. See The Mormon Delusion web site for details of TMD Volume 5 which is now available.
The Mormon Delusion Volume 5 investigates the early Mormon ‘Lectures of Faith’, comparing the doctrines of the time with the teachings of today – which are entirely different. It then analyses each ‘Section’ of the Doctrine and Covenants in original chronological order, often reviewing the underlying history, searching for Joseph Smith ‘prophecies’ which are evaluated in terms of any evidence of fulfilment. It will come as no surprise to learn that none have any prophetic value or merit whatsoever. However, there is plenty of evidence of Smith’s fraud scattered throughout the D&C which is analysed at each stage.
At the end of the book there is a section entitled ‘The Final Analysis‘ which contains a summary analysis of several interesting findings from the Doctrine and Covenants.
Part 1. Joseph Smith’s Prophecies. Lists sixty-eight prophetic statements found in the D&C, alongside the ultimate outcome of each one. Despite Mormon rationalisation, and some early efforts constructed to ‘make’ some of them ‘appear’ to come about when they hadn’t, not a single one was fulfilled in any way.
Part 2. Pet Phrases used by Smith’s God/Jesus. As Smith progressed with his fake revelations, writing them in the first person (God or Jesus – and sometimes interchanging between the two without reference), he soon got into the habit of having them use ‘pet phrases’ that never appeared in the Bible but sometimes did in Smith’s other so-called scriptures which he claimed to ‘translate’ – the ‘Book of Mormon’ – his ‘Inspired Translation’ of the Bible and also in his own ‘History of the Church’.
For example, Smith’s god sometimes seemed to feel the need to repeat himself, often using essentially the very same explanation twice with no new information added, using the phrase “in other words” to connect his statements. God had no such problem expressing himself in the Bible where the phrase never appears – God always got it right first time. Astonishingly (well, probably more as we might expect actually), it does appear in Smith’s ‘Inspired Revision’ of the Bible. Smith’s god uses the phrase eighteen times in the D&C.
Not surprisingly, Smith himself uses the exact same phrase in his own ‘History of the Church’ – not so much in some later volumes which he did not write – which were written after his death – in the first person to make it look as though he wrote them. In HC Volume 1, Smith uses “in other words” some eighteen times, just like his god and Jesus did in the D&C. It should be more than obvious why. It doesn’t appear at all in HC Volume 7 – but then, Smith didn’t write it!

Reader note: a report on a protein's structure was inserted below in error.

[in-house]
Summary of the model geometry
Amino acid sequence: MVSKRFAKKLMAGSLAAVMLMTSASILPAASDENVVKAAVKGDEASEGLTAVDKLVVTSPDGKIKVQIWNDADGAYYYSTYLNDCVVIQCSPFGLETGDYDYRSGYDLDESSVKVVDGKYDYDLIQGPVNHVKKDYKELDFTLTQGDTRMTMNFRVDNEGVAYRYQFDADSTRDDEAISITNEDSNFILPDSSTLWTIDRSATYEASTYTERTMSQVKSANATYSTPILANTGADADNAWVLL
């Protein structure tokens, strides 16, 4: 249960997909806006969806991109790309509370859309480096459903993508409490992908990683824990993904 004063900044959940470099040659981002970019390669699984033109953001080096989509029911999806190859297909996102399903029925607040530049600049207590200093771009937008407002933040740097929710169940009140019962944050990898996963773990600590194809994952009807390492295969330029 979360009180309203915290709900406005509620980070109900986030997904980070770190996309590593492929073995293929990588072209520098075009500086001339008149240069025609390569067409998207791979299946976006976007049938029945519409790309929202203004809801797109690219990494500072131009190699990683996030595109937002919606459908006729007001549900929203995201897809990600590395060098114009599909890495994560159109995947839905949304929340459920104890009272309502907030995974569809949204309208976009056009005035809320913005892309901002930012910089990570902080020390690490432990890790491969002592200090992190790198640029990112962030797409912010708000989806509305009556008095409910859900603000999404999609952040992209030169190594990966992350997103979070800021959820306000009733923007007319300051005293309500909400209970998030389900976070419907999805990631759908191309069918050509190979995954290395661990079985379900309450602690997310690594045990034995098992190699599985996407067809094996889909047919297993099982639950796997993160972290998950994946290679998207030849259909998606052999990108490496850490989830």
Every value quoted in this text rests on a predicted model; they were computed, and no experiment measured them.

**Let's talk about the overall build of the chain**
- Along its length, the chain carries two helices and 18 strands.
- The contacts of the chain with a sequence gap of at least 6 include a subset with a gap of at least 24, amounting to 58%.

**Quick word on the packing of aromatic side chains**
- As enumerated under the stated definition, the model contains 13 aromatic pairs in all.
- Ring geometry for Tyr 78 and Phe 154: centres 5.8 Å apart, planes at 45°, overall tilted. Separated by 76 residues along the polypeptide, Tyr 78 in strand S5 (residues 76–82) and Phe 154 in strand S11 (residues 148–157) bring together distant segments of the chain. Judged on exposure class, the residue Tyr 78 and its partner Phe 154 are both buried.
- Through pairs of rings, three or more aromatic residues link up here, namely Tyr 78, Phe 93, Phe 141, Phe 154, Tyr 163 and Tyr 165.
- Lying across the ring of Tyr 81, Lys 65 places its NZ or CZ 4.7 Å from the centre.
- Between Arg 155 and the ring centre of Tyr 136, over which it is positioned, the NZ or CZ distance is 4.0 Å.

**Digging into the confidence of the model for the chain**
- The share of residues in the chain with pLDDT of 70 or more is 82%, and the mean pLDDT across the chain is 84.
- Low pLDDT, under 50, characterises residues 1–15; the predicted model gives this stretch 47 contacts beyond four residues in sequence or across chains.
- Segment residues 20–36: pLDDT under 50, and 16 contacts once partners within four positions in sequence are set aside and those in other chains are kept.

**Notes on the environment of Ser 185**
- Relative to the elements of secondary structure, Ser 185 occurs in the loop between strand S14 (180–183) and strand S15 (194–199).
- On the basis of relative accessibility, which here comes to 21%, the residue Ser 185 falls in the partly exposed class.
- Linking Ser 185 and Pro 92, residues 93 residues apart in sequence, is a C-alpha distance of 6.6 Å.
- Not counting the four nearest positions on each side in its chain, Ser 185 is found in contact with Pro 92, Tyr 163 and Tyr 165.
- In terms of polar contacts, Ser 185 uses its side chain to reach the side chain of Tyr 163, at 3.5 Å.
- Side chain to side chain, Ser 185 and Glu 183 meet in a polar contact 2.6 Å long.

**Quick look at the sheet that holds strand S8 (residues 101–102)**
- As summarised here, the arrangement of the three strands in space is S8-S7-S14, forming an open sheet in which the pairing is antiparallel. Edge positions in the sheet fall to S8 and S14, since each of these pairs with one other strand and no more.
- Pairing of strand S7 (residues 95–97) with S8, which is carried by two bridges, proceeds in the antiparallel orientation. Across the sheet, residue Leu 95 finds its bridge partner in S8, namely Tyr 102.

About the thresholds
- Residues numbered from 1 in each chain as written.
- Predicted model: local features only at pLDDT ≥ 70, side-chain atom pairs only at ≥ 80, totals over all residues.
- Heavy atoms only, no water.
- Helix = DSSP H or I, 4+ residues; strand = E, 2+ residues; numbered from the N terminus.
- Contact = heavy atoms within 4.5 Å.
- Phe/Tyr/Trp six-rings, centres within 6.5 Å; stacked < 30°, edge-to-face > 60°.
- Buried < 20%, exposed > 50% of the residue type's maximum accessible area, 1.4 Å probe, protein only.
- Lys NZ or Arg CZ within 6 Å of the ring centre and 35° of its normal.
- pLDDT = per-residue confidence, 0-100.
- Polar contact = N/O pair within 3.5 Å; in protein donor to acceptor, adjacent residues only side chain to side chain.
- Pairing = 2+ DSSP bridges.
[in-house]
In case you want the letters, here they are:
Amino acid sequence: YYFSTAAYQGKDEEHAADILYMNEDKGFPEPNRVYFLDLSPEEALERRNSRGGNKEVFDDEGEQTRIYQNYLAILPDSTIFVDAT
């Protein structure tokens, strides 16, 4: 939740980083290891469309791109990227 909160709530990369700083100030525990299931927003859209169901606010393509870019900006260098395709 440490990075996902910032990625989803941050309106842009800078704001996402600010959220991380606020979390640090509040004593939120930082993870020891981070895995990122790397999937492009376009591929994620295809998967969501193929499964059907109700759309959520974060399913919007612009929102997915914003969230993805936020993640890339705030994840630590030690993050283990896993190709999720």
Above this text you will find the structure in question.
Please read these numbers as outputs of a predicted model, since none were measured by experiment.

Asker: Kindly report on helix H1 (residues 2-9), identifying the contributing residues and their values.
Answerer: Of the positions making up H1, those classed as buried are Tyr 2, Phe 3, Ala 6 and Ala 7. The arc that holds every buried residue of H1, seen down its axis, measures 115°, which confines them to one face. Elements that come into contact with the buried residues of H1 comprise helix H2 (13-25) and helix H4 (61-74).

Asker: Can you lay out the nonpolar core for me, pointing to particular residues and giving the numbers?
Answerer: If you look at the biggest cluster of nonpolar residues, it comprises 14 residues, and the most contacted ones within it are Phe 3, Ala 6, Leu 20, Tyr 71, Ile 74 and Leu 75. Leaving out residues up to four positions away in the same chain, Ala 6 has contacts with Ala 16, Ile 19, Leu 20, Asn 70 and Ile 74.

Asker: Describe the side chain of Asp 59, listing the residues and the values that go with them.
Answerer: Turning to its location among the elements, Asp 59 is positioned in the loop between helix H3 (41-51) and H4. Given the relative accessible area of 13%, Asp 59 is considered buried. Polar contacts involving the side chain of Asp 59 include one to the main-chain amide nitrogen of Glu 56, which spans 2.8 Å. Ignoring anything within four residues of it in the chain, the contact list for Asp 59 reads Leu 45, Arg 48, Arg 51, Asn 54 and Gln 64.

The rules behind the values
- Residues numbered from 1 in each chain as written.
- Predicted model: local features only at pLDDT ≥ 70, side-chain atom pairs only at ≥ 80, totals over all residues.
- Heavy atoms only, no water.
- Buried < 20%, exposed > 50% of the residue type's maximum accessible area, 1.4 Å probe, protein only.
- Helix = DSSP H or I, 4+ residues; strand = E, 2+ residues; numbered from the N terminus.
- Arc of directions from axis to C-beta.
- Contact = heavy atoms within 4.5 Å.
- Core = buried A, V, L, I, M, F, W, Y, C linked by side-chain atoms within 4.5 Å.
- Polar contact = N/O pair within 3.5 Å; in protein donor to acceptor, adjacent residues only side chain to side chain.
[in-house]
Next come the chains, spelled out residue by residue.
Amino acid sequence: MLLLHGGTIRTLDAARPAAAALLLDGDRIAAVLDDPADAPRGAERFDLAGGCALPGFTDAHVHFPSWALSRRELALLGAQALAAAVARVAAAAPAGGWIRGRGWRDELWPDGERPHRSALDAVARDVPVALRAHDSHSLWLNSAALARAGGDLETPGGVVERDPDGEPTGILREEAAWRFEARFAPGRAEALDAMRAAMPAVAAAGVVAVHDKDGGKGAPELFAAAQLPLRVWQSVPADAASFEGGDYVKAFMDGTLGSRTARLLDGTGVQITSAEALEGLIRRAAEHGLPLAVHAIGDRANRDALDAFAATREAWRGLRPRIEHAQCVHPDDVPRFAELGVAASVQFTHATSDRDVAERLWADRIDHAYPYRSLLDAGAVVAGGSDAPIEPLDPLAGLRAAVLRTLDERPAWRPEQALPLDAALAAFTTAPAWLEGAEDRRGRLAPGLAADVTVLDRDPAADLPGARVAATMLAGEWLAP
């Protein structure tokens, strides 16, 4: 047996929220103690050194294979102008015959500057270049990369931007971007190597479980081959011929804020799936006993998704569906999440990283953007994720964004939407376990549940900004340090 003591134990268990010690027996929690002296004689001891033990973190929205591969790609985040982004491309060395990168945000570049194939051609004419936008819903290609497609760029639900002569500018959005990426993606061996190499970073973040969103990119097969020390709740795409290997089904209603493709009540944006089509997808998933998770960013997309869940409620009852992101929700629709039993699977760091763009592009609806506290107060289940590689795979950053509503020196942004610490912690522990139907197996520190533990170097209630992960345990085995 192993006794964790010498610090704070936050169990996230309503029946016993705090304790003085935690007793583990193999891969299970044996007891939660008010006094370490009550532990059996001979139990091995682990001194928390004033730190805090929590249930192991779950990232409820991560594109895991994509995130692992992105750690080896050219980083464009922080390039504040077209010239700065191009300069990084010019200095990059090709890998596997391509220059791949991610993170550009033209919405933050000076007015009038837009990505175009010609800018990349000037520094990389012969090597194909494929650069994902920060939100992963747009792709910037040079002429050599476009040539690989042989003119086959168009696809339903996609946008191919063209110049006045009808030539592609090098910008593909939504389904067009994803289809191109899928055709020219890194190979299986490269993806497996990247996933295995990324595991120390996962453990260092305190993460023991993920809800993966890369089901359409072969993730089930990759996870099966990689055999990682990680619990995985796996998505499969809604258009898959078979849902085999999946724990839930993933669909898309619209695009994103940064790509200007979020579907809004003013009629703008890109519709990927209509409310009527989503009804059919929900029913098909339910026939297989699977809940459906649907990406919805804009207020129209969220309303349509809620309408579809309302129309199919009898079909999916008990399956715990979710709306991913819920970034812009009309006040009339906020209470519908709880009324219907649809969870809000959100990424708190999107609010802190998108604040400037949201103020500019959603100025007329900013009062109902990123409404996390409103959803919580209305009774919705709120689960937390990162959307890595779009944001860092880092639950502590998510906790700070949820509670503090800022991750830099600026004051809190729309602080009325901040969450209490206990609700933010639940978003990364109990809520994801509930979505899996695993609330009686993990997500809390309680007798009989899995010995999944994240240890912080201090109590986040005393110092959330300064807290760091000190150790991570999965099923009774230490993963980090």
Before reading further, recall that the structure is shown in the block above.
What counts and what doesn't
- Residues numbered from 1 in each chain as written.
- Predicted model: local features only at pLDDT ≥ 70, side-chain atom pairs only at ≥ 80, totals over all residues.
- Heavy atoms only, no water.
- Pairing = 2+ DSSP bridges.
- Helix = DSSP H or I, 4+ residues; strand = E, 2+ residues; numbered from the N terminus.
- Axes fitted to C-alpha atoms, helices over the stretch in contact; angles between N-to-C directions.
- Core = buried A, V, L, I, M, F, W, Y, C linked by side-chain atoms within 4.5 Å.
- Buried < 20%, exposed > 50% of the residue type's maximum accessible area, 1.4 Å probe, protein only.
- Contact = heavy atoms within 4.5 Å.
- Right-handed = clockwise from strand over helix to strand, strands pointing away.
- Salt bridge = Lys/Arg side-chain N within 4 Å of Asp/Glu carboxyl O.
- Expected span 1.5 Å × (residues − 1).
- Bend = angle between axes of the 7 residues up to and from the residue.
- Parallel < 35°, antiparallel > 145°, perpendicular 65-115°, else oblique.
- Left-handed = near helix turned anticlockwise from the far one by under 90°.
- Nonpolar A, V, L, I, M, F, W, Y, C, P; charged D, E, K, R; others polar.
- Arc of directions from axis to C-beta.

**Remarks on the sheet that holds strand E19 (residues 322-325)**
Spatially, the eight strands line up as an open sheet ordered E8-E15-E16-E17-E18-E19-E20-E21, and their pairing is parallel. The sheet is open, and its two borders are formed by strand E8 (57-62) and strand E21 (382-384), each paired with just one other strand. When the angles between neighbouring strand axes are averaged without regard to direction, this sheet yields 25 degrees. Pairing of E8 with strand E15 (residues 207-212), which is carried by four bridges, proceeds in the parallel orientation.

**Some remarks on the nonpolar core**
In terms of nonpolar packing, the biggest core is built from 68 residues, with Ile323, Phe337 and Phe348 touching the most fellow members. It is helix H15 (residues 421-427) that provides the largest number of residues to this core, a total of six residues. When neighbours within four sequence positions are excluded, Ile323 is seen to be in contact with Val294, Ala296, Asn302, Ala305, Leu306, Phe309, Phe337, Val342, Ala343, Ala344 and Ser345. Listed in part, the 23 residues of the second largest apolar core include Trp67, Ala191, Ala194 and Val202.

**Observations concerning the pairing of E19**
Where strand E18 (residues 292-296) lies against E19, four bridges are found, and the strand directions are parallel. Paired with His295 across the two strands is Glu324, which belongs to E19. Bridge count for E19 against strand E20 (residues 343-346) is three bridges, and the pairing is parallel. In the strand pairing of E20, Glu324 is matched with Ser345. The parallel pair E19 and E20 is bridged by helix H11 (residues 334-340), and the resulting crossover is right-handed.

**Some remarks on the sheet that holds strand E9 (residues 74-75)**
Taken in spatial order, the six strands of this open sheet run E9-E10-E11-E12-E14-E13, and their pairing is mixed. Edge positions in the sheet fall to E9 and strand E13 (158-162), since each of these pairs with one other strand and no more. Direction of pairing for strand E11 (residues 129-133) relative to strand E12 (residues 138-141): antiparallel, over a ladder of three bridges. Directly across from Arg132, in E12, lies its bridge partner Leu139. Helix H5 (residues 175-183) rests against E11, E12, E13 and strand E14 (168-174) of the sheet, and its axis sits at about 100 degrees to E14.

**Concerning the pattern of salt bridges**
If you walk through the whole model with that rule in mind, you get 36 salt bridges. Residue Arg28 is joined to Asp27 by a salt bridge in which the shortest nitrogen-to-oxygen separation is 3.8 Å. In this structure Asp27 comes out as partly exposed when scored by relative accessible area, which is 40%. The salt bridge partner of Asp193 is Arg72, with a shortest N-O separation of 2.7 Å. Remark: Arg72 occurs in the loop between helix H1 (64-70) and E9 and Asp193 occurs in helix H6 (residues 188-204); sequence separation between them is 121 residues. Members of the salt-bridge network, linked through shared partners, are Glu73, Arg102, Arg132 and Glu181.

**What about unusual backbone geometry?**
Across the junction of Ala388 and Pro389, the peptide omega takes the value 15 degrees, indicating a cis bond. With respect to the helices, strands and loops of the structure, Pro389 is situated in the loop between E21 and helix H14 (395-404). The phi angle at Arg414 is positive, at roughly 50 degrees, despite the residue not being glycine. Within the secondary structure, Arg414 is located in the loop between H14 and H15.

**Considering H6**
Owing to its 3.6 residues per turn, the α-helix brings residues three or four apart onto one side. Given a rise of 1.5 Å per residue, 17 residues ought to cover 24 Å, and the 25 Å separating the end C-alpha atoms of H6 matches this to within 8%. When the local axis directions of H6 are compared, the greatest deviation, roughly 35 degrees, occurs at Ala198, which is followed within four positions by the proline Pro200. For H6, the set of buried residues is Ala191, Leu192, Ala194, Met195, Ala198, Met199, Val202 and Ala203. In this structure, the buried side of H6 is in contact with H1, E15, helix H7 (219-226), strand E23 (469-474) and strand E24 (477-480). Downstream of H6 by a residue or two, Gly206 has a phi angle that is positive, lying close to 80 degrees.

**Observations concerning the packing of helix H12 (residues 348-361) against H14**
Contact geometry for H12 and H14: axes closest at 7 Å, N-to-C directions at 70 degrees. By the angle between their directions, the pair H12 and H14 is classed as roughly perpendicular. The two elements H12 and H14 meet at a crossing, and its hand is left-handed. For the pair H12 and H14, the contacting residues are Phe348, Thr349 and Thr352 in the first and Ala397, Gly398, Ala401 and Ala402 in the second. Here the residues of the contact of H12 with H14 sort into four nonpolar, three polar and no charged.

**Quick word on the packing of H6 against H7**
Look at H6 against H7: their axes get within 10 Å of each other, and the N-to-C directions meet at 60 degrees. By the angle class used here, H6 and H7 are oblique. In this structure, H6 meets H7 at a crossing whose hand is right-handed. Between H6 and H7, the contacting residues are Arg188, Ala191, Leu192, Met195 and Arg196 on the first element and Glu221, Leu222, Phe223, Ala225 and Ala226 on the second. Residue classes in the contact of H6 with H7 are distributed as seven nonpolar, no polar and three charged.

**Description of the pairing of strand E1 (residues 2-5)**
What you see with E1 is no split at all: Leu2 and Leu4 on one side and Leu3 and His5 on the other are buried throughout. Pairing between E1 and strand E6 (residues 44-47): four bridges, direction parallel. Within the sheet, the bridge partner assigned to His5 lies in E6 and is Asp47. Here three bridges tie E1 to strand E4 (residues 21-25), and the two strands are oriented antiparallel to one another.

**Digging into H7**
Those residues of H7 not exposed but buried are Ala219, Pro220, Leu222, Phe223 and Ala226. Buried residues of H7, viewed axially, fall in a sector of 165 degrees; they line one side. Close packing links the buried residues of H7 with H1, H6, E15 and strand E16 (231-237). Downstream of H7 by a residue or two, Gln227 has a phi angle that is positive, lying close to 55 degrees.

In addition, Smith has several different characters use “in other words” a dozen times in the Book of Mormon, where it appears three times by Nephi, some 600 years BCE; once by Mosiah in 121 BCE; six times by Alma, the Son of Alma, 82-72 BCE; once by Nephi, son of Nephi the son of Helaman, CE 26-30; and also once by him quoting a letter from Gaddianhi (leader of the Gadianton robbers), to Lachonius, asking him to surrender. It is strange (or perhaps not), that Smith’s characters, from God and Jesus through to his fictional ancients of the Americas, all needed to explain themselves “in other words” just like Smith himself did in his own work. Common sense and reason should be enough to see why that is!
There are several more tell-tale pet phrases only used by Smith’s god and Jesus – full details are analysed.
Part 3. The Mormon God says the Strangest of Things. Summarises some very strange ways deity expresses thoughts that don’t exactly read quite as well as you might expect. These are first person statements. Think! For example, would deity really speak this way? D&C 8:1. “…you shall receive a knowledge concerning the engravings of old records, which are ancient, which contain those parts of my scripture of which has been spoken…” D&C 29:13. “…the dead which died in me, to receive a crown of righteousness, and to be clothed upon, even as I am, to be with me, that we may be one.” I listed a small selection of such nonsense statements as examples but the D&C is replete with them if you read it. Smith claimed that god himself was indeed speaking: “These words are not of men nor of man, but of me” (D&C 18:34). If this is the best that deity can do – God help us (to coin a phrase).
Part 4. Who am I; God, Jesus, or Both? It is often very hard to determine whether it is Jesus or god speaking in Smith’s revelations and he regularly seems to switch between the two beings – and back again, without reference. During the first few years of the Church, Smith was in fact monotheistic (see ‘The First Vision’ article, located on my home page side bar for evidence of this), so he viewed them as one and the same being. I list dozens of examples of conflicting ‘speaker’ expressions used in the same D&C sections.
In D&C 6, Smith starts out by having the speaker declare “I am God” – no doubt there; but later, the same speaker declares “I am Jesus Christ, the Son of God”, so who did ‘reveal’ Section 6? These are just a couple of other examples of ever changing speakers; D&C 49: “Thus saith the Lord; for I am God, and have sent mine Only Begotten Son into the world.” Then later, “Behold, I am Jesus Christ.” D&C 51: “…saith the Lord your God.” Then later, “I am Jesus Christ.” Smith seemed to often forget who was supposed to be speaking. About half of the D&C Sections contain errors in accurate speaker identification. All of them are summarised.